berries with the caps on them to be used later
as a garnish. Crush half of the rest of the berries, and sprinkle the mixture of sugar and cornstarch
over them. Add the water. Cook over low heat, stirring constantly, until the mixture is thick and
transparent. To improve the color, add a few drops of red food coloring. Cut the remaining
berries in half and spread them in the pie shell. Pour the cooked mixture over the berries. Chill.
When ready to serve, cut the pie into 6 to 8 pieces. Garnish with a spoonful of sweetened
whipped cream or topping and a whole berry. Note: If the berries are extremely juicy, spread a
thin layer of softened cream cheese on the pie shell to help keep the crust from becoming
- 1 cup sliced strawberries
- 1 cup diced rhubarb
- 1 cup sugar
- 1 cup water
- 2 1/2 cups prepared biscuit mix
- 2 tablespoons butter or margarine whipped cream or topping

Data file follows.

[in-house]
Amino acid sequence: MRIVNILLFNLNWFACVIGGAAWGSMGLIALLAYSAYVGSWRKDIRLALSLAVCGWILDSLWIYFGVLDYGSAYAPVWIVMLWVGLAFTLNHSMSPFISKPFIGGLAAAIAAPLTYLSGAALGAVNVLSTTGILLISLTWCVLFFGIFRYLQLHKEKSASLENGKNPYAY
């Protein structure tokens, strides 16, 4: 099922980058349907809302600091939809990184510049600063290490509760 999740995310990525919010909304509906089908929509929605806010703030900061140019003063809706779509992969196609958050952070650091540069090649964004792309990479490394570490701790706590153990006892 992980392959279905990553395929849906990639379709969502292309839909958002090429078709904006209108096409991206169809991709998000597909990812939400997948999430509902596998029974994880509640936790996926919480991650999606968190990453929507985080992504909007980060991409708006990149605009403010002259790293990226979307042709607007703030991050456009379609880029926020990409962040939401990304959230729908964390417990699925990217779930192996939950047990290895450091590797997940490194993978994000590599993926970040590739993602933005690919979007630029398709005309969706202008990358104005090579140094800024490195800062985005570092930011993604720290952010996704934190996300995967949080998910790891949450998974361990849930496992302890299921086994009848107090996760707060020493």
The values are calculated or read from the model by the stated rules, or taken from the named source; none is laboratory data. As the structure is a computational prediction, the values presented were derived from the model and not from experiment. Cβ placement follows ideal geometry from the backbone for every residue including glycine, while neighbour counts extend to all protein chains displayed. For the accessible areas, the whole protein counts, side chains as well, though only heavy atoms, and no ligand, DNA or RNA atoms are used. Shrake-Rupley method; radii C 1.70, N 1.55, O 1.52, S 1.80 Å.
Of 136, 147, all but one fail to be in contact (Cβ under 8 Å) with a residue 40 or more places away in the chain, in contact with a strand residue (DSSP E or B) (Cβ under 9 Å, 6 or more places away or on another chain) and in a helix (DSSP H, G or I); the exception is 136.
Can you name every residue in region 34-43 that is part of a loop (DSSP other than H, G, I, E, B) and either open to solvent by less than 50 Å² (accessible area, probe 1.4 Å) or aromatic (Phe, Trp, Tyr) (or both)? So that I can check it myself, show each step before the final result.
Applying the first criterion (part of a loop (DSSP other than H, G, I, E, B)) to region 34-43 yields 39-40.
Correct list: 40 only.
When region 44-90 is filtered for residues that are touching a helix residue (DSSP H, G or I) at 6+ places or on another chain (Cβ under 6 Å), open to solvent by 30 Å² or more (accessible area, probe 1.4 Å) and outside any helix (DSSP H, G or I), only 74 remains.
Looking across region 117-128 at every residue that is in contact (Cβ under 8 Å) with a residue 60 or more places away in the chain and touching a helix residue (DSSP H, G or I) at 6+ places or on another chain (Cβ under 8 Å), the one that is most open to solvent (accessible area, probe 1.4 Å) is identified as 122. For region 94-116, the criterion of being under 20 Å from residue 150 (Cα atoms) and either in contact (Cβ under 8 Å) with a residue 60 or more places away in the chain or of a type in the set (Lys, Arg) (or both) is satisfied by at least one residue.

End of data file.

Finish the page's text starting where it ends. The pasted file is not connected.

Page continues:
Combine strawberries and rhubarb. Combine sugar
and water and cook for 10 minutes, stirring
until sugar is dissolved. Add enough milk to biscuit mix to make rolled biscuits (follow directions
on package). Roll dough into a rectangular shape about 9" x 6". Spread rhubarb and strawberries
on dough. Roll up like a jelly roll 9" long. Slice 11/2" thick and lay the slices flat in a baking pan.
Dot with butter or margarine. Pour hot syrup over the top. Bake in a hot oven (450' F) for 20
minutes. Serve warm with cream, whipped cream, or topping. Makes 6 servings.
Whipped Strawberry Topping
- 1 egg white
- 3 tablespoons sugar
- 1 cup crushed strawberries, fresh or frozen
- 1 teaspoon lemon juice
Beat egg white until foamy. Gradually beat in
sugar, strawberries, and lemon juice. Continue
beating until stiff and fluffy. Serve immediately as
a topping for sponge or angel food cake.
- 1 1/2 to 2 cups crushed strawberries (about 1 quart box)
- 1/4 to 1/2 cup sugar (use larger amount for tart berries)
- 1 tablespoon lemon juice
- 1 2/3 cups chilled evaporated milk